I believe sending in Batch is worse than one on one.
I ridicule it, but in my case it worked.

I had a batch of 6 images that had gotten rejected due to noise and focus.  All images were in focus, but a couple did have a small amount of noise.  After reading your post, I decided to submit them one at a time.  All but one was accepted.  :)

« Reply #155 on: November 26, 2019, 19:29 »
0
Amazing how the reviewers or artificial intelligence went crazy.
Very boring all this.
I edited 7 videos and uploaded, were denied for various reasons. I sent again because Pond5 and Adobe had accepted. They were not accepted again.
I got the impression that the reviewers were crazy.
What did I do?
I sent it one by one.
Of the 7 videos, 5 of them were accepted after submitting by 3rd.
I believe sending in Batch is worse than one on one.
I ridicule it, but in my case it worked.

I had a batch of 6 images that had gotten rejected due to noise and focus.  All images were in focus, but a couple did have a small amount of noise.  After reading your post, I decided to submit them one at a time.  All but one was accepted.  :)

Yeah.
Something very crazy is happening over there.
Now I'm in this madness.
I edit everything, keywords, titles and saved.
And I send it one by one.
My God, what a job that works.
Good luck to everyone.

« Reply #156 on: November 26, 2019, 19:59 »
0
Amazing how the reviewers or artificial intelligence went crazy.
Very boring all this.
I edited 7 videos and uploaded, were denied for various reasons. I sent again because Pond5 and Adobe had accepted. They were not accepted again.
I got the impression that the reviewers were crazy.
What did I do?
I sent it one by one.
Of the 7 videos, 5 of them were accepted after submitting by 3rd.
I believe sending in Batch is worse than one on one.
I ridicule it, but in my case it worked.

I had a batch of 6 images that had gotten rejected due to noise and focus.  All images were in focus, but a couple did have a small amount of noise.  After reading your post, I decided to submit them one at a time.  All but one was accepted.  :)

Yeah.
Something very crazy is happening over there.
Now I'm in this madness.
I edit everything, keywords, titles and saved.
And I send it one by one.
My God, what a job that works.
Good luck to everyone.

I will continue to send as batches unless I keep getting mass unwarranted rejections. 

May the force be with you! lol

« Reply #157 on: November 27, 2019, 13:47 »
0
My images were eventually accepted and a recent upload went much smoother. So maybe they have gotten the message on the title issue.

By the way, I have sold a number of new images.  Get the SS app and as soon as an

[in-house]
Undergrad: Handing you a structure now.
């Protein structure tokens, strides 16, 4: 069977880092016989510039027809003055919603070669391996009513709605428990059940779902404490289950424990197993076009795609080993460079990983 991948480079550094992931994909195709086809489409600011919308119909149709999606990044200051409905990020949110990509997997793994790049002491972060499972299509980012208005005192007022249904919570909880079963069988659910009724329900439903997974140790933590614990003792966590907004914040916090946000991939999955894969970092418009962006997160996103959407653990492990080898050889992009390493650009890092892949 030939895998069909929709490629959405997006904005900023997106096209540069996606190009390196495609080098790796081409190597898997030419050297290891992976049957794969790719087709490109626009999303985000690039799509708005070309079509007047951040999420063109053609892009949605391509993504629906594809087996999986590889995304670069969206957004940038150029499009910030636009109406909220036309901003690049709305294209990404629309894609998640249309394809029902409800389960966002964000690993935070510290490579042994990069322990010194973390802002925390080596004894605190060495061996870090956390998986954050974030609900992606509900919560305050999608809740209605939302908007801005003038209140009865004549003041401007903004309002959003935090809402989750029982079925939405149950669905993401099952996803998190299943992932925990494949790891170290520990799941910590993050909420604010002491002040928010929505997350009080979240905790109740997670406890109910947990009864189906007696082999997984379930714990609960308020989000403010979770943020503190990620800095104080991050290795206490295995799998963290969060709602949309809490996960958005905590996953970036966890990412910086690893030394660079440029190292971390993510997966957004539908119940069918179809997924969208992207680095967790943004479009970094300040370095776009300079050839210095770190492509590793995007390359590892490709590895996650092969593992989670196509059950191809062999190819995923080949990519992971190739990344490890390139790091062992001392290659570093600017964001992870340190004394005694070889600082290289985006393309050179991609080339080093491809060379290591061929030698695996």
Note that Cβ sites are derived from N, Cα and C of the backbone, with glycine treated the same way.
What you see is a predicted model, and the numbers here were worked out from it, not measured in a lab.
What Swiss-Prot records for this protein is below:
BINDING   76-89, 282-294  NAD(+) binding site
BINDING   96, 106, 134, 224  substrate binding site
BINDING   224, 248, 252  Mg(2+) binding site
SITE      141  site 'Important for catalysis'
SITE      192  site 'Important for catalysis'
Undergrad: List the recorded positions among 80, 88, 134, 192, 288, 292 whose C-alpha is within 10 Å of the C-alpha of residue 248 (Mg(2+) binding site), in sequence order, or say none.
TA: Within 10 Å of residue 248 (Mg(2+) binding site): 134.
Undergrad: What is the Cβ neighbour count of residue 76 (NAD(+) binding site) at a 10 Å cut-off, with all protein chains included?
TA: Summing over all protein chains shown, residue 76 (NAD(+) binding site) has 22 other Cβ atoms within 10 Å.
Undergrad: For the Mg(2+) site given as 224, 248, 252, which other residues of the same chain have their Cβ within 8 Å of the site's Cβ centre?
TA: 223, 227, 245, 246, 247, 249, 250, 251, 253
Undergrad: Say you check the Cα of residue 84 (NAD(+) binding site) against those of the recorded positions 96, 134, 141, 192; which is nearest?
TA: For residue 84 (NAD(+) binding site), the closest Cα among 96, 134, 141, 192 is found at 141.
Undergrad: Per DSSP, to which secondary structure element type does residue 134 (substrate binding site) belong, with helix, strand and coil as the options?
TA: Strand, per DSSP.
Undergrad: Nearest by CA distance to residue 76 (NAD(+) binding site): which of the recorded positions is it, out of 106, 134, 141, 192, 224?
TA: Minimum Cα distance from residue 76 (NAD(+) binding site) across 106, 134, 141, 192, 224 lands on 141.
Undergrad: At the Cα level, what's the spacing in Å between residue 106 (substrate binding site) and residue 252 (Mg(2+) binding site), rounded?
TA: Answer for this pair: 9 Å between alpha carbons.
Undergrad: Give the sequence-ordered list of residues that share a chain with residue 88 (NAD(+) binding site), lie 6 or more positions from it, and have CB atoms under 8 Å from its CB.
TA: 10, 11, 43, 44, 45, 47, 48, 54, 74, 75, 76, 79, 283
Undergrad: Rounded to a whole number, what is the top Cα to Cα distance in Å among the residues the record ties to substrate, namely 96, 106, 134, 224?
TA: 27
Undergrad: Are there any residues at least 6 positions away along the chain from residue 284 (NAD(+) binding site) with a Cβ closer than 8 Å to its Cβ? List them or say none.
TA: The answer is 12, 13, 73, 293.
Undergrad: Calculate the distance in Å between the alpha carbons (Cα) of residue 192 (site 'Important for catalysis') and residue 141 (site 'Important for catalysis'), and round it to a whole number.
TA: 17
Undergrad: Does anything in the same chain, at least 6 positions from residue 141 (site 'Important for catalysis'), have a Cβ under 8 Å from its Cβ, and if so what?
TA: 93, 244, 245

Images makes its first sale shows up on the app.

« Reply #158 on: November 27, 2019, 17:28 »
+5
the rejections lately are so random and ridiculous it makes me wonder if it is even worth my time to submit anymore. there is literally no rhyme or reason to the rejections. it makes me wonder if the powers that be over at SS are even aware of how ridiculous this is.

« Reply #159 on: November 27, 2019, 20:00 »
+2
I think SS is starting to fall down in a big way. The new way to upload vectors is just ridiculous! The new 'you beaut' generator screws up intricate patterns, and the powers that be that designed this system obviously have no idea whatsoever about vector images - they don't have MP!!!

Also, having a 1m x 1m vector image on sale IMO really drags down the quality of my portfolio, and now there are various images I can not create that will conform to both size and MB without really scaling back on the quality and doing a crappy job (vector glitter is no longer an option, neither are intricate nets or blends. When I found myself contemplating compromising on quality of my work to fit in with these rules, that's when I decided that SS has to take a back seat, and I will spend the majority of time submitting to other agencies. The amount of time and frustration of preparing my files in this way just for SS is just too much.

Now, onto the reviewers - Are they AI? Lab mice? Humans who's first language is not English? Are they people they have just randomly plucked off the streets? I say this as the rejections i'm getting are just plain stupid! I did a foreign language map, submitted it and it got knocked back for no translation in the title. Ok, how would you expect me to translate about 200 words in a title that has 200 characters available?!? I gave it another go translating 2 of the words, and guess what - on sale. Are we now not worried about what the other 198 words say??

I believe the rot set in when they changed the process to become a contributor - with one image approved you are good to go. Things just went down hill from there. They are becoming a total joke.


OM

« Reply #160 on: November 27, 2019, 20:40 »
0
I relised a few years ago that resubmits to SS are pretty pointless. Many years ago I did re-submit some images that I was convinced were OK and they became best-sellers but now it just seems there's no point. Everything new gets buried under a pile of ..... and has no chance to be seen anyway. Just IMO.....saves getting peeved and annoyed. If they reject it, they don't deserve it..move on.

OM

« Reply #161 on: November 27, 2019, 20:47 »
0
the rejections lately are so random and ridiculous it makes me wonder if it is even worth my time to submit anymore. there is literally no rhyme or reason to the rejections. it makes me wonder if the powers that be over at SS are even aware of how ridiculous this is.